Nanoscience and Microsystems ETDs

Publication Date

Fall 10-27-2020


In recent decades, metallic nanostructures have been extensively studied for a variety of applications due to the ability to support surface plasmons. These excitations, which consist of collective resonant oscillations of the conduction electrons, couple strongly to visible light, confining it into subwavelength volumes. In the first part of this work, we study the optical response of metallic nanostructures supported by metallic substrates. We demonstrate that these systems support a charge transfer plasmon mode, whose frequency is primarily determined by the geometry of the contact area between the nanoparticle and the substrate. In the following part, we exploit this knowledge to explain the optical properties of daguerreotypes, the first successful photographic technology. In the last part of this thesis, we demonstrate that, thanks to their plasmons, titanium nitride nanoparticles can act as efficient photocatalysts outperforming conventional plasmonic materials.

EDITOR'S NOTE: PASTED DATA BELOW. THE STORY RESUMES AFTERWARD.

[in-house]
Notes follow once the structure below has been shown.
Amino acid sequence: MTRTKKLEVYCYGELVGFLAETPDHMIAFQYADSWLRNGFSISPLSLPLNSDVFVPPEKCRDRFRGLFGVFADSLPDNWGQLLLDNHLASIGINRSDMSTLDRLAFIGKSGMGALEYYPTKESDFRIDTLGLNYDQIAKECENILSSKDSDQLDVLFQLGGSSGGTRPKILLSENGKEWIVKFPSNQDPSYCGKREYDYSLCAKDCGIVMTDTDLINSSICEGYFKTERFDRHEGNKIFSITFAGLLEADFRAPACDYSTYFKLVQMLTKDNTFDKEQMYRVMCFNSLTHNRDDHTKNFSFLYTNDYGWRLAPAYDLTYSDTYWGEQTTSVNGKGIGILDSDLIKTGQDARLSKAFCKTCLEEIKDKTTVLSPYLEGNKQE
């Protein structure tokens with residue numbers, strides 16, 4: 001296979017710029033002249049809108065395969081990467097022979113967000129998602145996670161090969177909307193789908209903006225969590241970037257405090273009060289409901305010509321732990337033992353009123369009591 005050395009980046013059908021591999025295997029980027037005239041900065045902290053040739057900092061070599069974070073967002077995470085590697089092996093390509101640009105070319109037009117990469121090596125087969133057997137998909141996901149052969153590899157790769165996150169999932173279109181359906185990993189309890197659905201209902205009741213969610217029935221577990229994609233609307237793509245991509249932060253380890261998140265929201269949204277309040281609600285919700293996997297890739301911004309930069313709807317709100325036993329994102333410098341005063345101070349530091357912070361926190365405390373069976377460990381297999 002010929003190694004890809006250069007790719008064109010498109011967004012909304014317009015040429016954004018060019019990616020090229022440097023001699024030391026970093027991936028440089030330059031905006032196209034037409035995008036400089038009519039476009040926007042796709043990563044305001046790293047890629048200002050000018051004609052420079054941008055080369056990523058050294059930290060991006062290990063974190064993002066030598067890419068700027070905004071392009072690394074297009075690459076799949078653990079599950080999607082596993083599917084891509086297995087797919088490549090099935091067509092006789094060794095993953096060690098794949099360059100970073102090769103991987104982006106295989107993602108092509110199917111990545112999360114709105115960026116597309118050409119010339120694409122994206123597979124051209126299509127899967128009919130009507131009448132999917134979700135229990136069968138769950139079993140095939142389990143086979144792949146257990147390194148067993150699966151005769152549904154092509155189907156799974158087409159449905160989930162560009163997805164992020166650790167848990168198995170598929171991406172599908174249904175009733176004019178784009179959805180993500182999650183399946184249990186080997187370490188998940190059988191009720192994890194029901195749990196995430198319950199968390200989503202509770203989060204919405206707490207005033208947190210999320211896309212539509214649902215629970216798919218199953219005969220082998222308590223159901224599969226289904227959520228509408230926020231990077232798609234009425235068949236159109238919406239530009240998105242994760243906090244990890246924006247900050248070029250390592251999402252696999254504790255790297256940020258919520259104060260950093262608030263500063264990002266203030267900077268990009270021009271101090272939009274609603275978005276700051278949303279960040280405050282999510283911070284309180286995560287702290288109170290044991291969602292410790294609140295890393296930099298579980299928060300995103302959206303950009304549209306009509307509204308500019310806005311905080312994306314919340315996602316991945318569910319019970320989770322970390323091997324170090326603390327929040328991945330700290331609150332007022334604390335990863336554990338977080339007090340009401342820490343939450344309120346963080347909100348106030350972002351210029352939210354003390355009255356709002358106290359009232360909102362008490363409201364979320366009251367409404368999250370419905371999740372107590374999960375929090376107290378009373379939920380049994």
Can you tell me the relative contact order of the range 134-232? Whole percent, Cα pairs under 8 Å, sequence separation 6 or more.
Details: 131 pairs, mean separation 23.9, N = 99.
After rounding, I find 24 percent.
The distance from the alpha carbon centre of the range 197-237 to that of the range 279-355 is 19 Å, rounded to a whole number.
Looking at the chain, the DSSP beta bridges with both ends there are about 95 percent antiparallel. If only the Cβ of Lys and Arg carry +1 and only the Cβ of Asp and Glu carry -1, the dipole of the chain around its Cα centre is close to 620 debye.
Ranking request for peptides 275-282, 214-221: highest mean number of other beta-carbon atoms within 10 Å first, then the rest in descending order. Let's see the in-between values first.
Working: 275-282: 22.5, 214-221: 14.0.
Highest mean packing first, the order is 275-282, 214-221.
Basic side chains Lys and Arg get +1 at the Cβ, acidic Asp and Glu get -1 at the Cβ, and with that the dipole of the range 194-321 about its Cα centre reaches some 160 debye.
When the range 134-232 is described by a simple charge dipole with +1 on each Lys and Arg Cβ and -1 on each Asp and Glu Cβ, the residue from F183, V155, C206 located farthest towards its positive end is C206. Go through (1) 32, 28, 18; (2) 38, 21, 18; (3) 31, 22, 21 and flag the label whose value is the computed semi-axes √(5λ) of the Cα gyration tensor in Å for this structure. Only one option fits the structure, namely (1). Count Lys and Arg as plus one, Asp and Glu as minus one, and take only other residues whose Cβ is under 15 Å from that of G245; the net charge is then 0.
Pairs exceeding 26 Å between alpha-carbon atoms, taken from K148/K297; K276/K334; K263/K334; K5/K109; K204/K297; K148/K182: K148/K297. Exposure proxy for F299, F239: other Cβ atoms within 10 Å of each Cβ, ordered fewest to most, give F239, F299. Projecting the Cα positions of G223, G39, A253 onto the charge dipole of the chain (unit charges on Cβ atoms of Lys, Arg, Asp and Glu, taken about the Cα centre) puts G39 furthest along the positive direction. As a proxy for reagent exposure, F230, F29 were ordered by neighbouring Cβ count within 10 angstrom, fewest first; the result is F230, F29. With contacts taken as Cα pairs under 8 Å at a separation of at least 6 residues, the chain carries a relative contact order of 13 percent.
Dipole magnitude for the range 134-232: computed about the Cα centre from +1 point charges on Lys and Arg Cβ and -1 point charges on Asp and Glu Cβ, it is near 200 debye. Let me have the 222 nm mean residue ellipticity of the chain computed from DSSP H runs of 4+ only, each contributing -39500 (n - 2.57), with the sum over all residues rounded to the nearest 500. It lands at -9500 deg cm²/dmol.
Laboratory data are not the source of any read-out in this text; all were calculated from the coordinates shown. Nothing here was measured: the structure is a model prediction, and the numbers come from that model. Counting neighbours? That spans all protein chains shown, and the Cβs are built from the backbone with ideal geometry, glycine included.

Plasmon, Substrate Particle Interactions, Daguerreotype, Plasmon Enhanced Photochemistry

Document Type




Degree Name

Nanoscience and Microsystems

Level of Degree


Department Name

Nanoscience and Microsystems

First Committee Member (Chair)

Alejandro Manjavacas

Second Committee Member

Terefe Habteyes

Third Committee Member

David Dunlap

Fourth Committee Member

Francisco Elohim Becerra Chavez